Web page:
IT’S OK TO SNACK FRESH
Branded cups of diced or sliced fruits and vegetables line refrigerated cases, and customers grab them because produce snacking is Mom- or Dad-approved for the kids and for themselves. For kid lunches, after school or just a quick healthy snack, this segment appears to be a new staple in the produce department.
“We sell Chiquita apple snacks and slices,” says Terry Esteve, produce director at New Orleans- and Baton Rouge, La.-based Robért Fresh Markets. “The apple snacks do best when school is in [session]. They are lunchbox-sized and offer apples and grapes in the same pack, or just sliced apples.”
BRANDED SMOOTHIES GO ANYWHERE
Smoothies continue to grow in popularity. These healthy drinks are portable and can serve as a fast liquid snack or meal replacement. Health-conscious customers prefer fruit smoothies over other types, according to Technavio Market Research, whose U.S. office is in Elmhurst, Ill. The global smoothie market is poised to see a compound annual growth rate of almost 9 percent by 2022.
Branded smoothies are big business. Some of the top smoothie brands include Bolthouse Farms, with carrots and other vegetables; Odwalla, which calls its smoothies the original superfood and is owned by The Coca-Cola Co.; Naked Juice, owned by PepsiCo; and new Simply Smoothies, also owned by Coca-Cola.
Bottled smoothies add to the convenience and portability of produce snacks, since there’s nothing to chop or blend. Flavors can vary — at least two of the smoothie brands mentioned above offer limited-edition Pumpkin Spice varieties during fall. According to the Food Marketing Institute’s “The Power of Produce 2019” report, produce-based beverages merchandised in the produce department are a still small but rapidly growing market. Half of shoppers purchase them, primarily younger, male and higher-income consumers.
Robért Fresh Markets introduced more lines of branded snack vegetables in 2019, Esteve notes, adding, “We offer individual serving-size packs of mini cucumbers with grape tomatoes or mini sweet peppers, as well as a snack-sized grape tomato package. All do very well when schools are in.”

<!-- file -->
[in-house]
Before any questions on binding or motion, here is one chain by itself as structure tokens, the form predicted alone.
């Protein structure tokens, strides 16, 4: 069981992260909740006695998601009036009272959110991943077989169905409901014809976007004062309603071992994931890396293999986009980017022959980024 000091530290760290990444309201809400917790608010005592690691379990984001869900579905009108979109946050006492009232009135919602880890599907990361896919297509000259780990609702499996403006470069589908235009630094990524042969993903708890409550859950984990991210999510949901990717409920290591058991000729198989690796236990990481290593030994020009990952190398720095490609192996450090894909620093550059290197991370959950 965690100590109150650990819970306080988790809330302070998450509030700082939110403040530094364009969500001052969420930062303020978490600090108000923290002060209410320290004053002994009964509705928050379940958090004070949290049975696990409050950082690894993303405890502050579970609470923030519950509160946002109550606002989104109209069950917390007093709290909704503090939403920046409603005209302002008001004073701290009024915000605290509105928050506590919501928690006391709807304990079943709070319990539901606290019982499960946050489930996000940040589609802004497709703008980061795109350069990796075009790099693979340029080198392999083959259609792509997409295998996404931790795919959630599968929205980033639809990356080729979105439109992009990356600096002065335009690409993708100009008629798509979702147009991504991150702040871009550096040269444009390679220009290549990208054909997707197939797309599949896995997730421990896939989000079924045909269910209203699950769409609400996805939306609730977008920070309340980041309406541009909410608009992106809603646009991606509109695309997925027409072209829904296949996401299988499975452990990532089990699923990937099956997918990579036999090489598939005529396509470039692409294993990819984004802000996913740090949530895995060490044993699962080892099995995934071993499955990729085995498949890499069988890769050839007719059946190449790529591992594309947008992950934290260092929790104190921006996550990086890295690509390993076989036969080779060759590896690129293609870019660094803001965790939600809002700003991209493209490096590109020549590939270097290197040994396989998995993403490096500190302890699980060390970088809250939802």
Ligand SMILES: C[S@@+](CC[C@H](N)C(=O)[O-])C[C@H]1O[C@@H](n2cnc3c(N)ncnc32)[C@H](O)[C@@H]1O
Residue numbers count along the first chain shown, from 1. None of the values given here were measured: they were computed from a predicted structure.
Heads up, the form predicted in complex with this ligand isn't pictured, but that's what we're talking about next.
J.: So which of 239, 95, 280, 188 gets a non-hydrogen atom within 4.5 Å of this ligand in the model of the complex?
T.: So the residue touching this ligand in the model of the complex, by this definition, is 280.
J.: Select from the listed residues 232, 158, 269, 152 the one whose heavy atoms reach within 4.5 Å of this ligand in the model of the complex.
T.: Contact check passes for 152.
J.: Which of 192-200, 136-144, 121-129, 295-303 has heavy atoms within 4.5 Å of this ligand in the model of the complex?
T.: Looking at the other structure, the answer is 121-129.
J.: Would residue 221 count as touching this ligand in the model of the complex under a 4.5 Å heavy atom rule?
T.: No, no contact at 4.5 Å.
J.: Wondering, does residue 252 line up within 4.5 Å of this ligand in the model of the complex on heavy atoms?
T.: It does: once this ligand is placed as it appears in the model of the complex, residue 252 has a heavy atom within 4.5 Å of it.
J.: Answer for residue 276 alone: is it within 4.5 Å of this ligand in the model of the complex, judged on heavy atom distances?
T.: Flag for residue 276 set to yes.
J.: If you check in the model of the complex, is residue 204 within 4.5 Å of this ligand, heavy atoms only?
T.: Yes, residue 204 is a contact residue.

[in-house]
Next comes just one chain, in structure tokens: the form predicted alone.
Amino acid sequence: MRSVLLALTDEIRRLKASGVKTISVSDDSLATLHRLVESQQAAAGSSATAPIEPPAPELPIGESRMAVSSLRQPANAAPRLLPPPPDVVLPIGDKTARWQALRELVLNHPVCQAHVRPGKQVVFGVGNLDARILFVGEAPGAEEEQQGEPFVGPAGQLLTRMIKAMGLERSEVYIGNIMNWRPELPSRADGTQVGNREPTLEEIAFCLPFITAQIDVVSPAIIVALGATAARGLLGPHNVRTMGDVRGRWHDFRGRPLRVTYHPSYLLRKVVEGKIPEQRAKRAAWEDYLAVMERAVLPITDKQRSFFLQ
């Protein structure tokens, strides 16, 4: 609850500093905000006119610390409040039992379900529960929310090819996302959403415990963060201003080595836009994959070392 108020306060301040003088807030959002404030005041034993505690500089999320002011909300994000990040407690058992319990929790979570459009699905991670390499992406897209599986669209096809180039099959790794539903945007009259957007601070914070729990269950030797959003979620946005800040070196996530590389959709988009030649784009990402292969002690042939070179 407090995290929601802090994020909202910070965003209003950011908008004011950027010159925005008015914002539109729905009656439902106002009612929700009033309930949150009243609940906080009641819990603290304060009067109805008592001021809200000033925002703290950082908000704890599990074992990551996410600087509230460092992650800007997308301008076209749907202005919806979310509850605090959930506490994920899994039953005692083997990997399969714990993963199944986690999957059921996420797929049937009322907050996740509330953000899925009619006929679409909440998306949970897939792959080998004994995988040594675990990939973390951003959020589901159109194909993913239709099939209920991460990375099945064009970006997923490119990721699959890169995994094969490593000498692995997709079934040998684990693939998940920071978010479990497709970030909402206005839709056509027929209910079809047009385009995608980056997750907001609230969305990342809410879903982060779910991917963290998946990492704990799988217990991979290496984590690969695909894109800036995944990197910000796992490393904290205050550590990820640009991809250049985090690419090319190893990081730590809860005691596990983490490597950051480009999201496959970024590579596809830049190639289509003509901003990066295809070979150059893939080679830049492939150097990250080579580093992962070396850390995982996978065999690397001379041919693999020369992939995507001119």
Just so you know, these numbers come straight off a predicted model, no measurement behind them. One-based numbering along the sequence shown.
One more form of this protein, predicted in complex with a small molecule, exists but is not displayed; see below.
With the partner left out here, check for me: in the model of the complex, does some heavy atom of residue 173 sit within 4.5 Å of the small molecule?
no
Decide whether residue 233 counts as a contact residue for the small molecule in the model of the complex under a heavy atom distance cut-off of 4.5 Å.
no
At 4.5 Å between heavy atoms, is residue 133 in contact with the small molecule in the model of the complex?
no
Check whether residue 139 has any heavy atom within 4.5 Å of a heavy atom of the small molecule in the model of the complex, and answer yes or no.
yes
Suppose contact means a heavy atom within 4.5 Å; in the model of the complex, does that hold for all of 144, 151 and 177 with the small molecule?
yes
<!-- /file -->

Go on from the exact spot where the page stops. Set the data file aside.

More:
“Apples are a popular snack, and three out of four apple-eating occasions are for snacking,” says Brianna Shales, communications manager for Wenatchee, Wash.-based Stemilt Growers. “Our Lil Snappers brand of 3-pound apples or pears is perfect for snacking occasions, as it’s a ‘kid-sized’ piece of fruit and a great on-the-go snacking item. But really, any apple is a great portable snack.”
Produce snacks aren’t just for kids or for a particular occasion. Robért Fresh Markets offers Sundia single-serve fruit cups, which Esteve observes have been “gaining traction lately. Folks are grabbing something quick for breakfast.”
Steven Ware, VP and general manager of Naturipe Value Added Fresh at Naturipe Farms, a grower-owned partnership based in Salinas, Calif., notes that his company’s snacks are “easy, convenient and great for all snackers, from students and professionals to kids and families.” According to Shales, meanwhile, people want to eat healthy but don’t always have time to do so. “Highlighting the portability and convenience produce offers people and coming up with new portable packs are great ways to keep customers enjoying more fruits and vegetables,” she says.